A skid steer is a diesel-powered, highly-manoeuvrable earth-moving vehicle with a large bucket on the front. A typical skid steer has four wheels, however, there are models with caterpillar tracks rather than wheels. Skid steers are also known as “bobcats” after a popular brand.
Both are earth movers, rather than hole diggers. They’re great for landscaping or clearing demolition debris, and have the best manoeuvrability of any machine.
We'll take a look at these features of the skid steer, but we’ll begin with the reason for its name.
The name ‘skid steer’ will become clear as soon as you drive one. On a regular vehicle, a steering wheel connects to the transmission and turns the wheels in the direction you want to go.
But a skid steer has fixed wheels that always face forward. It turns by powering the wheels on one side or the other, dragging the non-powered wheels sideways (hence “skid” steer).
This means a skid steer can “pirouette”, turning on the spot in a zero-radius circle. That makes it highly manoeuvrable in tight spaces – the main reason why it’s so popular.
Skid steers come in small, medium and large sizes. The smallest is ideal if you need to get one up the narrow side of the house for a backyard job. But where possible you should choose the largest one, since they get the job done more quickly.
Skid steers are the ultimate mini earth-mover. They are used in landscaping to move soil or rocks, and because they can turn in a small space, they suit even the smallest garden.
The skid steer can collect site rubble from demolitions or DIY projects, and it's also ideal if you need to level uneven ground.
The skid steer has several advantages over excavators and mini loaders. It’s more versatile – an excavator or digger is not designed to move materials, but a skid steer can be used for some digging projects.
A skid steer is more powerful than a mini loader, which are only used for the lightest jobs. It’s a great combination of power and manoeuvrability, the reason it’s remained popular ever since the skid steer concept first appeared in 1960.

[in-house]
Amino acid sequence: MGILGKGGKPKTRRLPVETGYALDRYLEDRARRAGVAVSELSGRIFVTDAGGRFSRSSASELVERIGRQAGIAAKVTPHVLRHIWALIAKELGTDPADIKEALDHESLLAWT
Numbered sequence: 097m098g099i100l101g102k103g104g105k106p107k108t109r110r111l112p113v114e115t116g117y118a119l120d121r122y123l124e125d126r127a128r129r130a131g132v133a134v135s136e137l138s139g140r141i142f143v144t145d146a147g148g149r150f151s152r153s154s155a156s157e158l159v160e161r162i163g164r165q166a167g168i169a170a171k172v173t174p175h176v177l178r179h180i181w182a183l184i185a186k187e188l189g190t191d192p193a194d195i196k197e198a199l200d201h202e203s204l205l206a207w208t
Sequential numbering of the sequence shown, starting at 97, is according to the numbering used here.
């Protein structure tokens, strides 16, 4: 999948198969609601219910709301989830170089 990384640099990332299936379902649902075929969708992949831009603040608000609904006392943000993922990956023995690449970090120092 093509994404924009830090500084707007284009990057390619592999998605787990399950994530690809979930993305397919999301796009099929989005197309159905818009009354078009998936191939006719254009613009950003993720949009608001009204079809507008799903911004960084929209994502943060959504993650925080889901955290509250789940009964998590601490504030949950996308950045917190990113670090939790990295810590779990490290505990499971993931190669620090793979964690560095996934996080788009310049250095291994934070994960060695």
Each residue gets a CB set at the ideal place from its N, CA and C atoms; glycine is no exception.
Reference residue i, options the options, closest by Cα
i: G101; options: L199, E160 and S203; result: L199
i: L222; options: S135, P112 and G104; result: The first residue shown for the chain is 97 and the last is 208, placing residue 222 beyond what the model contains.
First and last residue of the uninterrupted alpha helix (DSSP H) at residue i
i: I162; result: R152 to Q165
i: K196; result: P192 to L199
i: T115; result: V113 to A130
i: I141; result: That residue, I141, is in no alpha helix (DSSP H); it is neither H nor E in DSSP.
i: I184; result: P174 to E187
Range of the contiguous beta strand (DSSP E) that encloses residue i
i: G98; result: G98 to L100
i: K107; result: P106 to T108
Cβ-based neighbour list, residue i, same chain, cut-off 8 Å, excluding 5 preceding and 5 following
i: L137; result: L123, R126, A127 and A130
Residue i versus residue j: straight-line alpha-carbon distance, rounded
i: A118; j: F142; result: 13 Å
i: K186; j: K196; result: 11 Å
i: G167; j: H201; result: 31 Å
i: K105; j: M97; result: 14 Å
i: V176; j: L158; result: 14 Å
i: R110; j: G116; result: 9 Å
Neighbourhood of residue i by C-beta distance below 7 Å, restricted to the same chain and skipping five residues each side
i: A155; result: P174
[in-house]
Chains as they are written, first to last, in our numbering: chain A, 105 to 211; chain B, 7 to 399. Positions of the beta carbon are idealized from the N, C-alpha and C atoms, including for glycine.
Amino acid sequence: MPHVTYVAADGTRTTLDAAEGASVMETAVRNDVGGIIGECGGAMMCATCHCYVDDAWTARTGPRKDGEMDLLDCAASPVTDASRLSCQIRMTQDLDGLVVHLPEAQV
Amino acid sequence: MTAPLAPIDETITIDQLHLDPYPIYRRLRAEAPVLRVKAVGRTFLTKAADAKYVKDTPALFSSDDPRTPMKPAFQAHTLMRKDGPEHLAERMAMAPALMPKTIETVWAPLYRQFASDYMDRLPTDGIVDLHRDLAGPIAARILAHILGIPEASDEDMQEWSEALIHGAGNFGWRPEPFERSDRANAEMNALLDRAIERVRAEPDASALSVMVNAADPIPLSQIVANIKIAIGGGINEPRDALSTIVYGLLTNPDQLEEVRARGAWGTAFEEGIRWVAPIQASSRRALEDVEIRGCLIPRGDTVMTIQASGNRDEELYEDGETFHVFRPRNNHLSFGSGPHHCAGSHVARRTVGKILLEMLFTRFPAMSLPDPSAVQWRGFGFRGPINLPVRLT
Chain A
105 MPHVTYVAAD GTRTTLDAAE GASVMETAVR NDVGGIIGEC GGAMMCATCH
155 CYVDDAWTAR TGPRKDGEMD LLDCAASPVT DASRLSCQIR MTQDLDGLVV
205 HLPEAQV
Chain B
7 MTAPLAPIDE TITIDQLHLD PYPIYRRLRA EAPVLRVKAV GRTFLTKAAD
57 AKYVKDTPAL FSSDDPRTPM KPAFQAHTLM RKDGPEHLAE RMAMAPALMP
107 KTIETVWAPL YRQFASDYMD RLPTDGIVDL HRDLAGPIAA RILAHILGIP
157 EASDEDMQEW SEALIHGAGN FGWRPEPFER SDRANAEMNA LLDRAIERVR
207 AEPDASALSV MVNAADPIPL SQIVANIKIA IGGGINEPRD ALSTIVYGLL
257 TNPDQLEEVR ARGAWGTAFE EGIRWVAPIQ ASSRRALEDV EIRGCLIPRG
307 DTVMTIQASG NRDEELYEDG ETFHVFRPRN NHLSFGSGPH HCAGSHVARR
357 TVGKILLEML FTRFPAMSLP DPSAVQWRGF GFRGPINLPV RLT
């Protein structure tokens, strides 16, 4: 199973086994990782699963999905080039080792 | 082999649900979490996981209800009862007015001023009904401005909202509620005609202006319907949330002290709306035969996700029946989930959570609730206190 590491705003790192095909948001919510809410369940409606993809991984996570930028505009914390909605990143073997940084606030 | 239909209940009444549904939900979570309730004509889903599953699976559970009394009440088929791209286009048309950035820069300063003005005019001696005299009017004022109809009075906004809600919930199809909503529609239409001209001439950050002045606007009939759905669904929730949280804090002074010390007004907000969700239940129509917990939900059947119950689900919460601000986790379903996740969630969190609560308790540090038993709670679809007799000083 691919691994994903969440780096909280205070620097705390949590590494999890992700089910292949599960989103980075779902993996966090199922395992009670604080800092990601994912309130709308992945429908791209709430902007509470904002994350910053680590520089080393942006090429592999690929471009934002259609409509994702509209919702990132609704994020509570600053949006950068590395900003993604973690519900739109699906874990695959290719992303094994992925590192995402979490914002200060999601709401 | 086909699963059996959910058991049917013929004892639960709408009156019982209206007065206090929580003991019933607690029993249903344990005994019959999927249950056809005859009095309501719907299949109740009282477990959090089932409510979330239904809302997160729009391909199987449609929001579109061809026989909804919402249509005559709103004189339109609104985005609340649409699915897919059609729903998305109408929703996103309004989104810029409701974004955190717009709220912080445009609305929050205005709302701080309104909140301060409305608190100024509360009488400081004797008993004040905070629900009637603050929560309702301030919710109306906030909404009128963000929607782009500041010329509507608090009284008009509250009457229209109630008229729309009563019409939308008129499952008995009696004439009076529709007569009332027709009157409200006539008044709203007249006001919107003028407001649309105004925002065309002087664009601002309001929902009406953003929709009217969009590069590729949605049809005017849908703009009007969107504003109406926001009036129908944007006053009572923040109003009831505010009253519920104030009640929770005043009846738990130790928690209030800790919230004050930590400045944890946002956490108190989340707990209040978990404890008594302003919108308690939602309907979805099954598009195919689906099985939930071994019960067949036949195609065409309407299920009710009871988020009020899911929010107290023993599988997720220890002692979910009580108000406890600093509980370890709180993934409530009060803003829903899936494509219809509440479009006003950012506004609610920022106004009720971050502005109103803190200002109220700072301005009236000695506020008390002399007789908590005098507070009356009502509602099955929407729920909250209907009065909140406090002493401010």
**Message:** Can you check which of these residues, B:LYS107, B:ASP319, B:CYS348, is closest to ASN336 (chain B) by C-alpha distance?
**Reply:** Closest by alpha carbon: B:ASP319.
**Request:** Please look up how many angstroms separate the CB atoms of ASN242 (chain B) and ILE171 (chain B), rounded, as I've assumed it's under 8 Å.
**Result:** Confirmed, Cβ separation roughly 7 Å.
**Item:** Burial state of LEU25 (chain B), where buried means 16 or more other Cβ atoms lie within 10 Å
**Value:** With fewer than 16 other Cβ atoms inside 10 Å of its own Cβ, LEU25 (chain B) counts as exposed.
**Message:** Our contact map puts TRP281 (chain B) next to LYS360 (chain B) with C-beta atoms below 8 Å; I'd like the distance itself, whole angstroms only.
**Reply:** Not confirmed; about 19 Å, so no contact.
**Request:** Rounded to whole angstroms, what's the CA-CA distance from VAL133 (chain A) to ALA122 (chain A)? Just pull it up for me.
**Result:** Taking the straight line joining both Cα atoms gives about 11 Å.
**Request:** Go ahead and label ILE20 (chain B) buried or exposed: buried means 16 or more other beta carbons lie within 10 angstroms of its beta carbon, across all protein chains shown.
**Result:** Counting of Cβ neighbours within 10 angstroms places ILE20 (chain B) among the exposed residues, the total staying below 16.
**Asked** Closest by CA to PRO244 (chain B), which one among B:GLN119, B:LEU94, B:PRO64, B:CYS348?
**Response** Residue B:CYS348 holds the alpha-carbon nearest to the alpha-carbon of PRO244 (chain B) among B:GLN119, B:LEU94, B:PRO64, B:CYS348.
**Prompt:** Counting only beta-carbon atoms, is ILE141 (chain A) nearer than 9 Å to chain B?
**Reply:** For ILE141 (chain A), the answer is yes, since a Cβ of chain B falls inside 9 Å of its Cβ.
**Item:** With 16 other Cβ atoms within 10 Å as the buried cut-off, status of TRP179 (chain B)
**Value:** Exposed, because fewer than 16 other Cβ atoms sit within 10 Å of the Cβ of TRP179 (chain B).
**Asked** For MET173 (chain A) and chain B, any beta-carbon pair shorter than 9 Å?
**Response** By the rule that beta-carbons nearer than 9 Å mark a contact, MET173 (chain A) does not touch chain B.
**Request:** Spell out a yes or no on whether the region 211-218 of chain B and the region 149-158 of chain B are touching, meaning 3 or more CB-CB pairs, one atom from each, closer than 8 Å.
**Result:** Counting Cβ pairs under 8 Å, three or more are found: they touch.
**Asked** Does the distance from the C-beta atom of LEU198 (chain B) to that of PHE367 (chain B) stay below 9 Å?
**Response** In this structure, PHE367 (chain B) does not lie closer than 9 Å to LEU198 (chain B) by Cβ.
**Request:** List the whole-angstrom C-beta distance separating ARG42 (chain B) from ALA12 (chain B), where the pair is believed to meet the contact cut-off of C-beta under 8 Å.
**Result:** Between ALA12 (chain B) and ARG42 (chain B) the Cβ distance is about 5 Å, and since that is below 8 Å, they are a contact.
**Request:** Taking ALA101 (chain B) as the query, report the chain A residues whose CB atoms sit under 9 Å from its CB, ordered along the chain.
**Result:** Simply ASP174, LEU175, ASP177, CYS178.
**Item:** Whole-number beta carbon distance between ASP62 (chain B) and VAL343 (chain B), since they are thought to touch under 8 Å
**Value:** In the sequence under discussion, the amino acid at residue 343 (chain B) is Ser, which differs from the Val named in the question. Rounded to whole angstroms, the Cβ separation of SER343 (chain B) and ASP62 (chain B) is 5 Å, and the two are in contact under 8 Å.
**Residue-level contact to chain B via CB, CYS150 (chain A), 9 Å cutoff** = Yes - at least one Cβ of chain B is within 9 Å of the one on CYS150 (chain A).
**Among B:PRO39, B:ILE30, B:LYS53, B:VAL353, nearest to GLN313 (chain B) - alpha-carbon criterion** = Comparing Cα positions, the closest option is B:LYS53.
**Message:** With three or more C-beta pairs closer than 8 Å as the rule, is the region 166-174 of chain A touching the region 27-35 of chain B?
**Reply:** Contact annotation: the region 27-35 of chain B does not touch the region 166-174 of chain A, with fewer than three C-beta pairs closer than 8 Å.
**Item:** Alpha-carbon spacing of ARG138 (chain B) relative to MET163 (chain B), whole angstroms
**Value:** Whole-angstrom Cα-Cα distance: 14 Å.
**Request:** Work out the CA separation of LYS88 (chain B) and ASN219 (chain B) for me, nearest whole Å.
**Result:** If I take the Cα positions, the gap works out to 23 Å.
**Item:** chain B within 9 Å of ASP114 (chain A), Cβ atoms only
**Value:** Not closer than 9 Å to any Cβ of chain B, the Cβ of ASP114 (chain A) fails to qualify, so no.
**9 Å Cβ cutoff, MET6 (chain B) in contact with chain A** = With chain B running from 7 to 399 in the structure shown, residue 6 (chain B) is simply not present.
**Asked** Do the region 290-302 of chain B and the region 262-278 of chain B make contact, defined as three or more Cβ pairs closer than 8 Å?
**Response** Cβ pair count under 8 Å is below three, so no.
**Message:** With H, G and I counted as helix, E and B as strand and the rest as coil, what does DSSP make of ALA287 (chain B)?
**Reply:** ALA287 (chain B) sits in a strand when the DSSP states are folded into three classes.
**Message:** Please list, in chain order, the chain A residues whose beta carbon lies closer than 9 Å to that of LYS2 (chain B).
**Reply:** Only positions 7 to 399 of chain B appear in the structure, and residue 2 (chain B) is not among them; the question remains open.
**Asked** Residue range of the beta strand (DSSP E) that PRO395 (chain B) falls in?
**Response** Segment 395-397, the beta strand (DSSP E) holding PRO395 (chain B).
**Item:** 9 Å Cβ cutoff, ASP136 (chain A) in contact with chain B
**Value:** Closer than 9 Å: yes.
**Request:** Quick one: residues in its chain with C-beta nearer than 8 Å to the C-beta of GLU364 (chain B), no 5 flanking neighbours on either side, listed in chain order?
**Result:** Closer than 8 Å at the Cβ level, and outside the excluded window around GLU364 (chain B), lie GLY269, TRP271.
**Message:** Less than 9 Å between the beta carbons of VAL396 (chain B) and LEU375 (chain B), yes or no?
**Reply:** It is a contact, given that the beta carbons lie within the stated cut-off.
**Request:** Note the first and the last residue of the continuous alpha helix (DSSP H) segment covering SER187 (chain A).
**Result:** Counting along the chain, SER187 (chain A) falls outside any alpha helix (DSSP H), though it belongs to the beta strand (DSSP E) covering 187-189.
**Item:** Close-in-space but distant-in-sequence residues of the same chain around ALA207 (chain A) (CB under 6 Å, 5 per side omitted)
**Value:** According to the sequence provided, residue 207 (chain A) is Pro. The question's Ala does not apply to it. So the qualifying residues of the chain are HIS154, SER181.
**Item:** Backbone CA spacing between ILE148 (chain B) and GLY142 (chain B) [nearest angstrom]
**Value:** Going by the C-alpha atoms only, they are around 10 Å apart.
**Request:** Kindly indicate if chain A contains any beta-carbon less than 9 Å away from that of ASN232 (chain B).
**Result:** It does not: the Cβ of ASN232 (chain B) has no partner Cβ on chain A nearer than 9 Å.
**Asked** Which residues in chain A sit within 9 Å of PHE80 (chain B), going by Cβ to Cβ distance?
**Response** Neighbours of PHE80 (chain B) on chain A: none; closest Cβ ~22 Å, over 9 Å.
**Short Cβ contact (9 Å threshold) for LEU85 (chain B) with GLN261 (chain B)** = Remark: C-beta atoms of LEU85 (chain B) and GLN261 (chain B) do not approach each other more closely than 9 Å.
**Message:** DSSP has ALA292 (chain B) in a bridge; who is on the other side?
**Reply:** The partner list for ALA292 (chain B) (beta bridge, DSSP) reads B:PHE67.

Apart from how they move, the track and wheel versions of skid steers are indistinguishable. Both come with a bucket loader on the front. Which one you use depends on the terrain.
You would need a tracked version in sandy, wet or muddy conditions because it has better grip. The tracks also spread the weight of the skid steer over a broader area, keeping it on top of the sand or mud.
Instead of a steering wheel, the skid steer is operated with two joysticks. One moves the machine forward or backward and turns it. The other lifts and lowers the bucket and controls its tilt. The driving compartment has a full roll over protection canopy for operator safety.
The Kennards Hire team will give you instructions on how to drive the skid steer before you leave the branch, however the operators manual must be read as well before operating the machine.
You don’t need to have a special licence if you are using the skid steer for private, non-commercial projects. However, you do have to be deemed a “competent operator” by the Kennards Hire team.
You can’t drive a skid steer on the road. Smaller ones are transported on a trailer, while the larger ones need a truck. Your Kennards Hire team will tell you which method is necessary for the model hired.
So, for your earth moving project consider a skid steer for its manoeuvrability and versatility. Whether it’s clearing rubble or moving boulders into place for your garden terrace, Kennards Hire’s skid steers are the practical choice.